Interfaces to allow unit’s ability to attack ground, air, or both in Java using Design Patterns

Im making a text game that has an abstract Fighter class. within Fighter I have a variable called protected boolean isGround. then I have 2 abstract classes that extend Fighter called AirFighter and GroundFighter that basically set that isGround to be True or False, depending on if they are ground units or not.

I then want to set up the game so that in my battle phase the game checks if player 1’s speed is faster then player 2, and depending on who is faster to then do like p1.attack(p2), and print out the stats of that battle, like the remaining health of each player or something like that.

I want a way for some airFighters to attack air, or attack air and ground, and I want some groundFighters to attack ground only, or ground and air. How would I go about doing this while staying loosely coupled? It is for a design pattern’s class and its frustrating me. Is there a design pattern to help me with this?

Think of the game starcraft, that’s basically what my game is mimicing, certain units like a marine can attack ground and air, some air units can only attack air, some can do both. I want to be able to do this without having some nasty if else checking statement.

Answer

An easy way to do this is to have a method in the base Fighter that can be used to check if that Fighter can attack another:

public abstract class Fighter {
    public abstract boolean isGround ();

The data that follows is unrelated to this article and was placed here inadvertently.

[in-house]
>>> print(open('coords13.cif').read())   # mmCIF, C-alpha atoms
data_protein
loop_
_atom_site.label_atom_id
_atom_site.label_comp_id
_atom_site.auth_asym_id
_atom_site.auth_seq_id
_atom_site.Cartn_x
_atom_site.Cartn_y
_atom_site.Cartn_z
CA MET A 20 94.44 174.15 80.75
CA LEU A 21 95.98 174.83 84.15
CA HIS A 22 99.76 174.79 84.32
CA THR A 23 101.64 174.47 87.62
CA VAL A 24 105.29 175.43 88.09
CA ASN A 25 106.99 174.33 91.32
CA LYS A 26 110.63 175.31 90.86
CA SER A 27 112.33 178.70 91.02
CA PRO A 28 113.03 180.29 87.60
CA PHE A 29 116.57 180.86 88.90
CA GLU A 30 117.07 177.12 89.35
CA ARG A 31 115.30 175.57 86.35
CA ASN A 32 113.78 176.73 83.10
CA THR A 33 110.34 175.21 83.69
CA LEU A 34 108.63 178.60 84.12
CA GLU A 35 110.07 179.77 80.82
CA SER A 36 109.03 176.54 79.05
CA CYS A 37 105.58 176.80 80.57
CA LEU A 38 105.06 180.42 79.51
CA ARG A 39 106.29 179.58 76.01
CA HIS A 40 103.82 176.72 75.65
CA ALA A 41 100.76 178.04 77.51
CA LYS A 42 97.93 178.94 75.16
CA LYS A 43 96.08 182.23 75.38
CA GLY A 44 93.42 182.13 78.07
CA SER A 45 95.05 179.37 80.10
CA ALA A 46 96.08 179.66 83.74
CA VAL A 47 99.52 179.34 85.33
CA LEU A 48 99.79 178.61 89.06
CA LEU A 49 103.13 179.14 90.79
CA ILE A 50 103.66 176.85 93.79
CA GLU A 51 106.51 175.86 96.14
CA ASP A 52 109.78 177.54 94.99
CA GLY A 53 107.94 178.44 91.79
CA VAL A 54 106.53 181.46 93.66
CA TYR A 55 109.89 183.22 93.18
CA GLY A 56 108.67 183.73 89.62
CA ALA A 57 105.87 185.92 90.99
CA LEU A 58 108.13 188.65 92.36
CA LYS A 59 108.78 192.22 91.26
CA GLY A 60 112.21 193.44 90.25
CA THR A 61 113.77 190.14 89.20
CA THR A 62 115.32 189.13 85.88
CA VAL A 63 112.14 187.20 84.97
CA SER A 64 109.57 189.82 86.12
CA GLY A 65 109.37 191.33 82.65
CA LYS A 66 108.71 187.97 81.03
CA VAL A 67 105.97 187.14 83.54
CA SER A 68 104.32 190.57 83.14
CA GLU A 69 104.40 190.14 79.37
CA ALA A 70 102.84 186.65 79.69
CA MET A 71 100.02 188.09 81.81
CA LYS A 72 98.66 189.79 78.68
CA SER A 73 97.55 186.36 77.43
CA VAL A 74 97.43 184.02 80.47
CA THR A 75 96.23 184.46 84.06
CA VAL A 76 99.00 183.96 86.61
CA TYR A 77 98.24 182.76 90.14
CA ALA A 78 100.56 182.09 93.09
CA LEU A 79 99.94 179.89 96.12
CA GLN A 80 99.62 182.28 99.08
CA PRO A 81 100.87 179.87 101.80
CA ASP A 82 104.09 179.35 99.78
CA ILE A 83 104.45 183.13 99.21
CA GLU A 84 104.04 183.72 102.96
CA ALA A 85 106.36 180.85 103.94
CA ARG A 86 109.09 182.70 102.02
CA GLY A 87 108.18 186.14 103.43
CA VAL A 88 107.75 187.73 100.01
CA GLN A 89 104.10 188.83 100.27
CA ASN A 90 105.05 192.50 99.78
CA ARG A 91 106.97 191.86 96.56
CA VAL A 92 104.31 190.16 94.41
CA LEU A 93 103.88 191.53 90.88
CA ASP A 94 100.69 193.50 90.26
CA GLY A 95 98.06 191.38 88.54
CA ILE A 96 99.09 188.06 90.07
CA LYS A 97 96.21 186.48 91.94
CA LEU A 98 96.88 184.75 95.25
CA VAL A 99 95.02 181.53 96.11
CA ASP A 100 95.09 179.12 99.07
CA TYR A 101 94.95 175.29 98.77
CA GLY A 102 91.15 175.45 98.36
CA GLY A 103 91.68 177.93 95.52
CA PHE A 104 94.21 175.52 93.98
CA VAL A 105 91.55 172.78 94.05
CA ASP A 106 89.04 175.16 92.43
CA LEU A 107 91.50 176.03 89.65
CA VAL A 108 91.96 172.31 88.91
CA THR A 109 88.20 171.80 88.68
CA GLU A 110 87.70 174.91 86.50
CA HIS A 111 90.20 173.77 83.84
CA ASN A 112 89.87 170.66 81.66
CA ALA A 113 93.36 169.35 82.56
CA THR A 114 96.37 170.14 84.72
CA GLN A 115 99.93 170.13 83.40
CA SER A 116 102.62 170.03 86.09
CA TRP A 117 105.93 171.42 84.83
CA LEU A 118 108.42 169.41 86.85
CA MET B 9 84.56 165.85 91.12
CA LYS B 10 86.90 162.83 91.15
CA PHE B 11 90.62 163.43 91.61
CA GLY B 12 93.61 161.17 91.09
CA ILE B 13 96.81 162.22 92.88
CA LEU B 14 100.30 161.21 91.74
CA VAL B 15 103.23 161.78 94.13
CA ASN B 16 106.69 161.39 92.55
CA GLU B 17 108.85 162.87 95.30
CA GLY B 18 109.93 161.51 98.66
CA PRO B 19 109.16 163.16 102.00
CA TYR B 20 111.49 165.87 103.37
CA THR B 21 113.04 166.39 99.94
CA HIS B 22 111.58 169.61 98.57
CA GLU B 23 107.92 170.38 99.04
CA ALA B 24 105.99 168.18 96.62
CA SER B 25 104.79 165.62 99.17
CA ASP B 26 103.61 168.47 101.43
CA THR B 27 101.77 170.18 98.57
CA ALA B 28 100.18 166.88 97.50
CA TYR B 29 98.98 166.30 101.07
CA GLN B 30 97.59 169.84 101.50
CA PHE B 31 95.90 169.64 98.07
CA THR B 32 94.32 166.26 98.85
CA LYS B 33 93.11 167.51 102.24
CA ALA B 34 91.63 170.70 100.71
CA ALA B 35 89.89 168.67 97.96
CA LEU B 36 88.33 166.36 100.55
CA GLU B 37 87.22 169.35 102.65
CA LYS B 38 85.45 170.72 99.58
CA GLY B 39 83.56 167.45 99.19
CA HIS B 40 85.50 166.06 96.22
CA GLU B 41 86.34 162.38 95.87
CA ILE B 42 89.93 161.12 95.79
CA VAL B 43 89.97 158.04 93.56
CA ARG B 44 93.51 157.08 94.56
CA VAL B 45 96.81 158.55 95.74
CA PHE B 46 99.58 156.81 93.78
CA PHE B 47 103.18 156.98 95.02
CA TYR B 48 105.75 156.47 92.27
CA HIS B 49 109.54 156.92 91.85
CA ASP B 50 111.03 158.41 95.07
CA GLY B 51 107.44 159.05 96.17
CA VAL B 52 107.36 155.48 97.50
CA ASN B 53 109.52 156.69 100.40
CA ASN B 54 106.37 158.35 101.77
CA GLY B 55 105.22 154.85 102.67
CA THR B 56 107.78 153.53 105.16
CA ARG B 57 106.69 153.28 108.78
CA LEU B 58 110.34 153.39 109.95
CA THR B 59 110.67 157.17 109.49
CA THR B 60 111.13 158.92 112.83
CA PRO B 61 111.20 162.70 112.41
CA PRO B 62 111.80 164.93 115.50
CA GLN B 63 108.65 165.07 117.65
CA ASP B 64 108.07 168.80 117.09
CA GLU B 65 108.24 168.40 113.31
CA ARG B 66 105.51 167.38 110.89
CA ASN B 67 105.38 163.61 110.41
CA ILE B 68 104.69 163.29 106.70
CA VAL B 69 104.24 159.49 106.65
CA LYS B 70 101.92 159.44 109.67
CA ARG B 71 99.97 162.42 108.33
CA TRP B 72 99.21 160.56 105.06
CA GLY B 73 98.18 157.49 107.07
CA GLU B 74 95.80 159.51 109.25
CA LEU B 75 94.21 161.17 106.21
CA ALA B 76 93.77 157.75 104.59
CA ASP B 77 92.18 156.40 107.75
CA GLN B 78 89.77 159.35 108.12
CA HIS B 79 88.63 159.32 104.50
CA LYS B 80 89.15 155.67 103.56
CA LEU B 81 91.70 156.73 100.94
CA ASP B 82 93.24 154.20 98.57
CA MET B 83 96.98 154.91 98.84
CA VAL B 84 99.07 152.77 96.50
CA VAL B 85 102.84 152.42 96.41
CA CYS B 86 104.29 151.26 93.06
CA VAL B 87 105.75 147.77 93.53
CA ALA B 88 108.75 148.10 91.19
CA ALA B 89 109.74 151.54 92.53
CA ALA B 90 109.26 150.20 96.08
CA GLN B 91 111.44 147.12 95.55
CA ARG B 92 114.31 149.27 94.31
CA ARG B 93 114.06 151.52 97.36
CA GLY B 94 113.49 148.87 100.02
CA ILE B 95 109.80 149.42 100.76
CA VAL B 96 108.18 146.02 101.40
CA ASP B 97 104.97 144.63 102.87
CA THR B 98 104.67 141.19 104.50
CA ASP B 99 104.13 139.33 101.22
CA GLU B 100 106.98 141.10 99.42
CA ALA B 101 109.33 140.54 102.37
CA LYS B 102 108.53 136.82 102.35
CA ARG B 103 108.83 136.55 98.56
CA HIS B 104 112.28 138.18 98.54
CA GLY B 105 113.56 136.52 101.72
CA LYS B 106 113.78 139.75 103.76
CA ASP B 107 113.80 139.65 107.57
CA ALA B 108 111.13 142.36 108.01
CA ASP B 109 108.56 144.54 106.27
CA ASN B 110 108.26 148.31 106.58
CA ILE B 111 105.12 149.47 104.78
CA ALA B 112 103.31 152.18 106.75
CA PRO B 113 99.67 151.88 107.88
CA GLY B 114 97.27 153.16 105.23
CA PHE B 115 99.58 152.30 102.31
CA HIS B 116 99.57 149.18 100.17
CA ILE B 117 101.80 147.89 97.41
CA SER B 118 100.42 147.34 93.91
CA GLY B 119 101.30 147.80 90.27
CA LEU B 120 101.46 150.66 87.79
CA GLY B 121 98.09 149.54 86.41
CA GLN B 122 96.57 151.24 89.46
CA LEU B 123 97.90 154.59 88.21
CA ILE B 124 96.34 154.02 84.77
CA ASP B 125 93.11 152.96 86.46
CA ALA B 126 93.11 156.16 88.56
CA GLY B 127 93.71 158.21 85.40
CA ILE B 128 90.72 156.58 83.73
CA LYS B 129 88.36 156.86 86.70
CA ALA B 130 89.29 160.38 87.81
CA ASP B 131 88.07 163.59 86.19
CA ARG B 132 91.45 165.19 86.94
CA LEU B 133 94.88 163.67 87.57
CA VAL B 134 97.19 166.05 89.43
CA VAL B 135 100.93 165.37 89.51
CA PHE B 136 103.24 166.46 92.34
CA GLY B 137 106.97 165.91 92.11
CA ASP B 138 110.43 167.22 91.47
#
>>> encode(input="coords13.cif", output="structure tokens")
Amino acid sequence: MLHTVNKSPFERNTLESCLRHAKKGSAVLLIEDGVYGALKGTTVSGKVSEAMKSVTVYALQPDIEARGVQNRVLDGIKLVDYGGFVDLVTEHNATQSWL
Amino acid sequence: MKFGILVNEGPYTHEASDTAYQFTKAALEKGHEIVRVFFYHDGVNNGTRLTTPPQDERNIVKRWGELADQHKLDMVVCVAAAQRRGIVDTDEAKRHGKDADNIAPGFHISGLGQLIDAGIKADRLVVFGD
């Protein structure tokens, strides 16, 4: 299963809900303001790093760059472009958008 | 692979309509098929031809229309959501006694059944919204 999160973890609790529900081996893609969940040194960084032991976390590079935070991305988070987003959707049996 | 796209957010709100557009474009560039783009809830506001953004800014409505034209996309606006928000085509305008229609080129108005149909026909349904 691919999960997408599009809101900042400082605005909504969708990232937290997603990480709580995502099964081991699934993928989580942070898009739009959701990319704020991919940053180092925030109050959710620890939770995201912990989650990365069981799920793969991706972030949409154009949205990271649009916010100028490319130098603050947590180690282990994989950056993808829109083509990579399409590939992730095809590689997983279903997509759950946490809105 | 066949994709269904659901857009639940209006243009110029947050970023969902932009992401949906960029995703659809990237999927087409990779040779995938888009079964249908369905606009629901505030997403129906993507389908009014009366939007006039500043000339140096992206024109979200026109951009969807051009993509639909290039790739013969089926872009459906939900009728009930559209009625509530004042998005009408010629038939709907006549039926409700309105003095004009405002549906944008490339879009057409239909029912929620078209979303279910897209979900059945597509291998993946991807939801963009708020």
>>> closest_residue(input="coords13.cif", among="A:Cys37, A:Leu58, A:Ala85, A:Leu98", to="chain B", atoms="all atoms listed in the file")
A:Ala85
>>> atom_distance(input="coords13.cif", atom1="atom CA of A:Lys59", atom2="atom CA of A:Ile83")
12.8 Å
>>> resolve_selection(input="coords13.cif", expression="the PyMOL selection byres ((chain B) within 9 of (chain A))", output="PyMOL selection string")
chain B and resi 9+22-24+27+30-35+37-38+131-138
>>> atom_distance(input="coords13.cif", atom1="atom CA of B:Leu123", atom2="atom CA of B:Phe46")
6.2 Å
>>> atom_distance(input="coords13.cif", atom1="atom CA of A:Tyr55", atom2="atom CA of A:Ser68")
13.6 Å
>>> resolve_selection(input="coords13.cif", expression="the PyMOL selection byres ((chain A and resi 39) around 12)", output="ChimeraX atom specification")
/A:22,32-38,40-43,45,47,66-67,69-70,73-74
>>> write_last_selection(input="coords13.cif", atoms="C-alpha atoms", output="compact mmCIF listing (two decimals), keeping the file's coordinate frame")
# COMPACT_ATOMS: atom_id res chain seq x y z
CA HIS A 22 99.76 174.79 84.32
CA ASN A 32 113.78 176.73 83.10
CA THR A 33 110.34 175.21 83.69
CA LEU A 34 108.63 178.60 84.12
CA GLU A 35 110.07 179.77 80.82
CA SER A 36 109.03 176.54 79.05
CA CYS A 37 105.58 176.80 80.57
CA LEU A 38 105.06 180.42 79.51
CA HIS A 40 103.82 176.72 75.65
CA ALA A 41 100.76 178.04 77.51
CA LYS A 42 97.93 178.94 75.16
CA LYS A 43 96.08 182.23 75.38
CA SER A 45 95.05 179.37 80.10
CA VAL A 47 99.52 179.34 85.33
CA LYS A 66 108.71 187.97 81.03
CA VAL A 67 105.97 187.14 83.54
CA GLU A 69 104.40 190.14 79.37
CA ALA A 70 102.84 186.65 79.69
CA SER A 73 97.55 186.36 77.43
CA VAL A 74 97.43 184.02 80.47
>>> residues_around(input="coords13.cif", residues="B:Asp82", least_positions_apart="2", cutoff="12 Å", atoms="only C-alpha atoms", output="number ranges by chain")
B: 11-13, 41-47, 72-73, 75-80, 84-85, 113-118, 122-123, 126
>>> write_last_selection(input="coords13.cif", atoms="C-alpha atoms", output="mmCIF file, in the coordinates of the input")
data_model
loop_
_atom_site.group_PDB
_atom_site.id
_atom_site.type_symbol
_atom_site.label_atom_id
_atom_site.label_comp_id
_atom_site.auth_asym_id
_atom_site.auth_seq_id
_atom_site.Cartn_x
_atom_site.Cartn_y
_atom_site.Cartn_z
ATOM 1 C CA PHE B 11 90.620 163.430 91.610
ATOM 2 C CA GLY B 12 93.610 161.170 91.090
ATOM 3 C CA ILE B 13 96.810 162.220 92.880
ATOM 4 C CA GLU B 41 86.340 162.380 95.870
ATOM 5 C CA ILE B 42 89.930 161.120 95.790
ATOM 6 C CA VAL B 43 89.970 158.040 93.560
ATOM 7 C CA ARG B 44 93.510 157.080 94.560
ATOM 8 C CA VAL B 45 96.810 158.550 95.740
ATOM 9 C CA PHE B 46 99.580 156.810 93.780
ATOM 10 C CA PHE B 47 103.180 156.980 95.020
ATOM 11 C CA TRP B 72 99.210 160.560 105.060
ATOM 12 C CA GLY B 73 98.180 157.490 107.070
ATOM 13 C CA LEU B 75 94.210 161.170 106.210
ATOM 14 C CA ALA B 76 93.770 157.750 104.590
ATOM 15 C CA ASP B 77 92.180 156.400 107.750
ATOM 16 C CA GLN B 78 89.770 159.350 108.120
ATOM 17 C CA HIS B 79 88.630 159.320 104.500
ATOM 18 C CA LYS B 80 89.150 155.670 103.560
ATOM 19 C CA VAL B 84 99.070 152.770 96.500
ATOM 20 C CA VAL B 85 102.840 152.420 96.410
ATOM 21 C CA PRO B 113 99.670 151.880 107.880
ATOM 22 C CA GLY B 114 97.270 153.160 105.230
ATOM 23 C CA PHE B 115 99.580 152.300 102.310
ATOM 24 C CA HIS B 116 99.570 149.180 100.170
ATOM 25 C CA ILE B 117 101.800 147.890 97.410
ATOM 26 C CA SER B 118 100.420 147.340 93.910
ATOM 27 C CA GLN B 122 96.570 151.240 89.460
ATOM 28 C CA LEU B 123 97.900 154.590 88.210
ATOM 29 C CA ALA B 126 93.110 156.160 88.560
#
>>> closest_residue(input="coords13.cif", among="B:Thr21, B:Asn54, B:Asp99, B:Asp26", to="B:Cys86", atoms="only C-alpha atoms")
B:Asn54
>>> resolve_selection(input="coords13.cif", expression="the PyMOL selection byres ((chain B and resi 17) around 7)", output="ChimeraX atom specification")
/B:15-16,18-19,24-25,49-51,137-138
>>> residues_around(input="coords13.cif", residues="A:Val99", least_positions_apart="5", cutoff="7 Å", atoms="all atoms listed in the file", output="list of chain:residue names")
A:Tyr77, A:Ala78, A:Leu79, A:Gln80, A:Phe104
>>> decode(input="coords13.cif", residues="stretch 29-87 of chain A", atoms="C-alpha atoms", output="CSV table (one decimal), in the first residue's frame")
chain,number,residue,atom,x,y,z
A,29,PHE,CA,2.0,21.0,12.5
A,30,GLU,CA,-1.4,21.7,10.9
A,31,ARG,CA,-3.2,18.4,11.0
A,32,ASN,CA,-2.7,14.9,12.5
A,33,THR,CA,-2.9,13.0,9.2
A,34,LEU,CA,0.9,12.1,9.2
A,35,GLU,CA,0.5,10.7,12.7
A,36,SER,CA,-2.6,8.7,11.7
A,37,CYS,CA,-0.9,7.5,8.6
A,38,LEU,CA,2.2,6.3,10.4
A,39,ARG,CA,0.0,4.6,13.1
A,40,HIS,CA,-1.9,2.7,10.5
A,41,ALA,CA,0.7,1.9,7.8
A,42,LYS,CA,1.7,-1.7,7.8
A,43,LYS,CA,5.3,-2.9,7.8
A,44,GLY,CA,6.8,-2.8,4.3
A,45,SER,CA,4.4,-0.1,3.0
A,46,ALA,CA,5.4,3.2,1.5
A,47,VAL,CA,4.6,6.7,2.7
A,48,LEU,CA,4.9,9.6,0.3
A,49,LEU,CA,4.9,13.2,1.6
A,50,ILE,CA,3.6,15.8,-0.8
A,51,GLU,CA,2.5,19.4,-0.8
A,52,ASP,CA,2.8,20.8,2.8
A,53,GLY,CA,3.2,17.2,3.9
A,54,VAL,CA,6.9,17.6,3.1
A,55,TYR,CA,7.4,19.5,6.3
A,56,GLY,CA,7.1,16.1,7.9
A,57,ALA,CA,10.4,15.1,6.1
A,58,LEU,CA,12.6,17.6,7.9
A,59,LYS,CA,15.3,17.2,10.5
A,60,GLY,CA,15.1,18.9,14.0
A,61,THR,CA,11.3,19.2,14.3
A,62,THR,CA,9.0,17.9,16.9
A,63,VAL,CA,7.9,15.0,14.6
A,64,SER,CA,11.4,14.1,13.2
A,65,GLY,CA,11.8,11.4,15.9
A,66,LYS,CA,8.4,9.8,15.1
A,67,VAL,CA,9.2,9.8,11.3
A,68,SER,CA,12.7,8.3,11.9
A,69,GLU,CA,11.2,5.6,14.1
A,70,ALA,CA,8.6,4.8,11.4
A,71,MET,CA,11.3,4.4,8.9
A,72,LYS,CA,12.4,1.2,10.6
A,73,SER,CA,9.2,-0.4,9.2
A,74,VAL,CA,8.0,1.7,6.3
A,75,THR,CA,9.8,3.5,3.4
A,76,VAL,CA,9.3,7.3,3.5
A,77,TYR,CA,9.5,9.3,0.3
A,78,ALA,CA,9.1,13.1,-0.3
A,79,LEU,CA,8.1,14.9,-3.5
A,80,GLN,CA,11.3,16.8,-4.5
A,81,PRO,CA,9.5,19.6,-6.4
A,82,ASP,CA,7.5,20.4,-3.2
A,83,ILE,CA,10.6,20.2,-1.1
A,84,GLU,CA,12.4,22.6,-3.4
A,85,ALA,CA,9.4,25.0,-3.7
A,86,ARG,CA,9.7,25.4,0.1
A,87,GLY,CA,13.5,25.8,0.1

public abstract boolean canAttack (Fighter target);
}

Subclasses can then override canAttack and make an appropriate decision. For example:

public class SurfaceToAirLauncher extends Fighter {
    @Override public boolean isGround () {
        // missile launcher is on the ground
        return true; 
    }
    @Override public boolean canAttack (Fighter target) {
        // we can only attack air targets
        return (target != null && !target.isGround());
    }
}

public class Dragon extends Fighter {
    @Override public boolean isGround () {
        // dragons are in the air
        return false; 
    }
    @Override public boolean canAttack (Fighter target) {
        // dragons can attack every target.
        return (target != null);
    }
}

public class Knight extends Fighter {
    @Override public boolean isGround () {
        // knights are on the ground
        return true; 
    }
    @Override public boolean canAttack (Fighter target) {
        // knights can only attack dragons
        return (target != null && target instanceof Dragon);
    }
}

You could remove the check for null if you know target will never be null. I included it for completeness.

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